‘The best things in life are free, the second best are very expensive.’
Coco Chanel coined this phrase more than fifty years ago, but it’s never rang more true than in the 21st century. The luxury goods market is the only industry that’s proved recession-proof. Last year, more than 10 million new consumers dipped their toe in the luxury goods pool, taking the annual global spend to almost £200 billion pounds.
As we amble into the second quarter of 2014, the luxury market shows no signs of putting its (no doubt diamond-encrusted) brakes on. Just this month, Etihad Airways unveiled what it claims is the world’s most luxurious passenger plane. Soon to be available on commercial flights, The Residence by Etihad is a three-room VIP suite that comes with its own living room, double bedroom, en suite shower and Savoy Academy-trained butler. Jewellers Buccellati, meanwhile, just announced the creation of the world’s most expensive iPhone case, which rings through the tills at an eye-watering £123,000.
With all this in mind, today’s launch of the Internet’s newest web address ending, .luxury, will seem like perfect timing. The launch comes at a time when more and more luxury brands are upping their online efforts. This year, Tom Ford announced his plans to begin selling items online, calling his forthcoming ecommerce site ‘a major new avenue for future growth’.
And it makes sense. After all, studies consistently show that wealthier consumers use digital media more regularly than their cash-strapped counterparts. For example, last year, those with cavernous bank balances were 47 percent more likely to purchase something online than those earning less than £60,000 per year.
However, if you’re planning on getting your luxury brand online, you need a website that’s as tailored to your customers as a Saville Row suit. The most accomplished online luxury brands follow a recipe for success, which includes the following…
Immersive Social Media
On average, luxury brands attract four times as many facebook fans as consumer brands. That’s because they make their social media immersive. One of the most famous social sharing success stories is that of Burberry’s Art of the Trench, in which Burberry asked their customers to share pictures of themselves wearing their trenchcoats around the world. The company set up a microsite to facilitate the sharing. In the year following the campaign, the brand’s facebook following grew to one million and their ecommerce went up by fifty percent. Neimna Marcu, meanwhile, uses crowdsourced tips to populate its online magazine InSite.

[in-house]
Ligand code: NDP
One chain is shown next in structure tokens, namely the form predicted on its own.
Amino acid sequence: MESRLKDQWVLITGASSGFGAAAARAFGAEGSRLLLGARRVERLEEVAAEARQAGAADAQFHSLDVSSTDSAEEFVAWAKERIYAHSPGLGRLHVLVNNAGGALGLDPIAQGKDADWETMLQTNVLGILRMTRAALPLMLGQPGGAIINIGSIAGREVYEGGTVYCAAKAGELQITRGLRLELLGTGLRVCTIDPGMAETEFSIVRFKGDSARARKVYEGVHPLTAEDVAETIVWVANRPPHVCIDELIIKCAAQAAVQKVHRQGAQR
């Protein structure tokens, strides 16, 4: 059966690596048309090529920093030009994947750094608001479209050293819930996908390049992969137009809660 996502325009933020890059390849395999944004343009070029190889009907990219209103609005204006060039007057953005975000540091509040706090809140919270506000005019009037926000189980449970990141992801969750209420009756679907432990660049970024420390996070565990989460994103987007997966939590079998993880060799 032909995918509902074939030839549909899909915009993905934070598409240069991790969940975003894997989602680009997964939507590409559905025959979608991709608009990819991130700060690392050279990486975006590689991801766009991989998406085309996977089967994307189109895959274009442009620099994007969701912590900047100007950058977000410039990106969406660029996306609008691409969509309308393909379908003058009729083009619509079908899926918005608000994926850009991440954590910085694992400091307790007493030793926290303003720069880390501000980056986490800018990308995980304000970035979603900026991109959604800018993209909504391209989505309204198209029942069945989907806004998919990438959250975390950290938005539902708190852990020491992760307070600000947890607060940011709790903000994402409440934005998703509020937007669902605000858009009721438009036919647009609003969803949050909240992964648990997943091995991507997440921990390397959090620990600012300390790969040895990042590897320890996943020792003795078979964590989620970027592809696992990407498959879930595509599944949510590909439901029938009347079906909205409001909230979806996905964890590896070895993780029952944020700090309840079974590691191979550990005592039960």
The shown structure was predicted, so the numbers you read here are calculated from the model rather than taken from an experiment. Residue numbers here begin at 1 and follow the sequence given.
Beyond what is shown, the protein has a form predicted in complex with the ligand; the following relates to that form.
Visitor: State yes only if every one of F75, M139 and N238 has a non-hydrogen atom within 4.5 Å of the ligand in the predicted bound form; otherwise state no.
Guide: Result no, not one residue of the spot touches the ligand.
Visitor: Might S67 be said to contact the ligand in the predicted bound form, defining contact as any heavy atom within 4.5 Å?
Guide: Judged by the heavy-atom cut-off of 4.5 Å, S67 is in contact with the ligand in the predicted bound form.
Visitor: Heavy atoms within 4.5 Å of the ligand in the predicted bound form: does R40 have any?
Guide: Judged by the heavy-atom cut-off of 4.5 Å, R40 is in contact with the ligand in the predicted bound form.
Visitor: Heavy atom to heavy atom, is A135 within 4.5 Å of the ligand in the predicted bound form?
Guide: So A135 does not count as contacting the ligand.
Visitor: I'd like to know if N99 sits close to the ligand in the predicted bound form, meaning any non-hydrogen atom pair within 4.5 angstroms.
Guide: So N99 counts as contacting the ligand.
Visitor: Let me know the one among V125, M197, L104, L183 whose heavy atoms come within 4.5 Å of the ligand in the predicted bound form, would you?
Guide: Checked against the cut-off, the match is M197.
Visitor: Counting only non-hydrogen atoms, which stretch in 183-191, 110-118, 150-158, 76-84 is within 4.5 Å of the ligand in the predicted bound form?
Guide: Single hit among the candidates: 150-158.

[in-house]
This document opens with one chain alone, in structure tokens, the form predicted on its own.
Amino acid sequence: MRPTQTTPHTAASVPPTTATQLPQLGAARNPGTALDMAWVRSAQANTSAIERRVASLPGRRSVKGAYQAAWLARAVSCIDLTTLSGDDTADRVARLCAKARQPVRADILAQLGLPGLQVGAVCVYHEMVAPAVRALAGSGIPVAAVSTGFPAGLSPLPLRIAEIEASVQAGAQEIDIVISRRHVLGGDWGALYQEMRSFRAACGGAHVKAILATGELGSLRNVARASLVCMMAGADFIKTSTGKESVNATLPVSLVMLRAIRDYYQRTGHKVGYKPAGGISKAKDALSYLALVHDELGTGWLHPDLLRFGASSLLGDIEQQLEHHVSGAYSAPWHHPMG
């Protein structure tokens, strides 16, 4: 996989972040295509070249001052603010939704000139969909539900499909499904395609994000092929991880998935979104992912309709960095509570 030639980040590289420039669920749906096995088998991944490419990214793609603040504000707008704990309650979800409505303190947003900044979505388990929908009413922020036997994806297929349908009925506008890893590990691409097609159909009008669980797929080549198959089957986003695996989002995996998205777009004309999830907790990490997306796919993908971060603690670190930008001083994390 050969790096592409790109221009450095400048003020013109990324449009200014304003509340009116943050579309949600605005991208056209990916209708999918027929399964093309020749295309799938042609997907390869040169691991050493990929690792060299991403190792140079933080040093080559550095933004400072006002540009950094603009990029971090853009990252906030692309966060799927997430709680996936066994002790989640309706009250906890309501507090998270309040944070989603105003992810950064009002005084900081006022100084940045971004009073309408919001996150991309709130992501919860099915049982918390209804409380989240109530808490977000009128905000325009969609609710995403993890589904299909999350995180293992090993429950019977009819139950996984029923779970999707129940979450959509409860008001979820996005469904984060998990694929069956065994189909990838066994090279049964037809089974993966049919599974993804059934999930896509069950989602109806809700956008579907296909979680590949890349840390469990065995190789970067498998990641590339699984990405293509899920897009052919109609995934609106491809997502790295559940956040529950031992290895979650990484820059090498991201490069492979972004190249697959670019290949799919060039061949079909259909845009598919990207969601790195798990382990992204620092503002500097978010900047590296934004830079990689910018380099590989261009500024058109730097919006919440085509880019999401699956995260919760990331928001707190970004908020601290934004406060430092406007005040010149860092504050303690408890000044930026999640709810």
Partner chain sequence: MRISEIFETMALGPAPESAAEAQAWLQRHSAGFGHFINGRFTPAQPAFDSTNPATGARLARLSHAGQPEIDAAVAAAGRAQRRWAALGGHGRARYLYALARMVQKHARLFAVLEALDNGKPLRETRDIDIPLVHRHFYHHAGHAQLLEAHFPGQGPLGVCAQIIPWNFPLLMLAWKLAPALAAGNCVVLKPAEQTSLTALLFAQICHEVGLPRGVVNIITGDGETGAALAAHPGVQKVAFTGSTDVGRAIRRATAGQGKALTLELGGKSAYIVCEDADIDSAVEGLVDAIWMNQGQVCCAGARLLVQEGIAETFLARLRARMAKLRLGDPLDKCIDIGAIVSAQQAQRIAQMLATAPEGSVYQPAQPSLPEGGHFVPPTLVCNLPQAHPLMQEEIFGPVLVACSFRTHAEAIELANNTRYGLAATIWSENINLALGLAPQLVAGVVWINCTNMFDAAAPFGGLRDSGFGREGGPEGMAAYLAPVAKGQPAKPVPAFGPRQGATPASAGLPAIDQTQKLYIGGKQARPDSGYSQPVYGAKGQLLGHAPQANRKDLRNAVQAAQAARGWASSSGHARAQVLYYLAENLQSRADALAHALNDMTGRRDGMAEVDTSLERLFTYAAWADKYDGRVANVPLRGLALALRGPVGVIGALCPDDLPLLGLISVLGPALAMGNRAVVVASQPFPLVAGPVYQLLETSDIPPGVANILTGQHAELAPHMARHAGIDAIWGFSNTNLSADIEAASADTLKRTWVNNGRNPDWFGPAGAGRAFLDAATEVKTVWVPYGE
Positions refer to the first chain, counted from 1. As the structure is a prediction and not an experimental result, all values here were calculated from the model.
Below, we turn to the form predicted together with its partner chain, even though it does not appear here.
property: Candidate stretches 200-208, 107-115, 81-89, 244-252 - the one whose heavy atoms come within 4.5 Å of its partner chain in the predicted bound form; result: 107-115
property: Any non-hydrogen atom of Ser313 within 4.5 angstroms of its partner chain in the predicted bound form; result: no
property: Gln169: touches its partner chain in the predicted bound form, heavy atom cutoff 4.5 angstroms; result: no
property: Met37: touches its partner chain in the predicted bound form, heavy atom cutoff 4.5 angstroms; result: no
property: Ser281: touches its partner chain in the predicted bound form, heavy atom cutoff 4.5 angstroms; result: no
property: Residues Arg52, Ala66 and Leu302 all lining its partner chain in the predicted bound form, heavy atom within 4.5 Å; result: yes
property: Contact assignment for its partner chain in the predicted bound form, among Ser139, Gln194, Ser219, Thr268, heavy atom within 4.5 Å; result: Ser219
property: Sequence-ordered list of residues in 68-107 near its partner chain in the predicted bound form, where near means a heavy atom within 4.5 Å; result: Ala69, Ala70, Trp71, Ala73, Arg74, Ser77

Studies repeatedly show that the use of tablets and mobiles is extremely high within segments of the luxury market. When Gucci redesigned their website to make it mobile-optimised, they experienced a four-fold increase in mobile revenue.
Make sure your .luxury web hosting package comes with enough bandwidth to stream video content. Luxury fashion sites like Marc Jacobs, Donna Karen and Alexander Wang all use video on their sites.
Blurred Lines between Online and In-store
When you’re developing your .luxury website, you need to consider its future. More and more luxury stores are blurring the lines between online and in-store experiences. Burberry is leading the charge again in this arena. Its Regent Street store is home to the world’s largest digital screen, which towers at 22 feet tall. Plus, it has a customisation room where you can digitally design your own trench coat.
Music plays a big part in buying behaviour when it comes to luxury products. Louis Vuitton plays jazz music when it streams its fashion shows, which has been shown to prolong the online browsing experience of the customer. Fast tempo music, meanwhile, is likely to encourage a rapid-sale; the sort that’s used by less luxurious brands like Boohoo.com.
Get your own .luxury web address on the UK2 website now.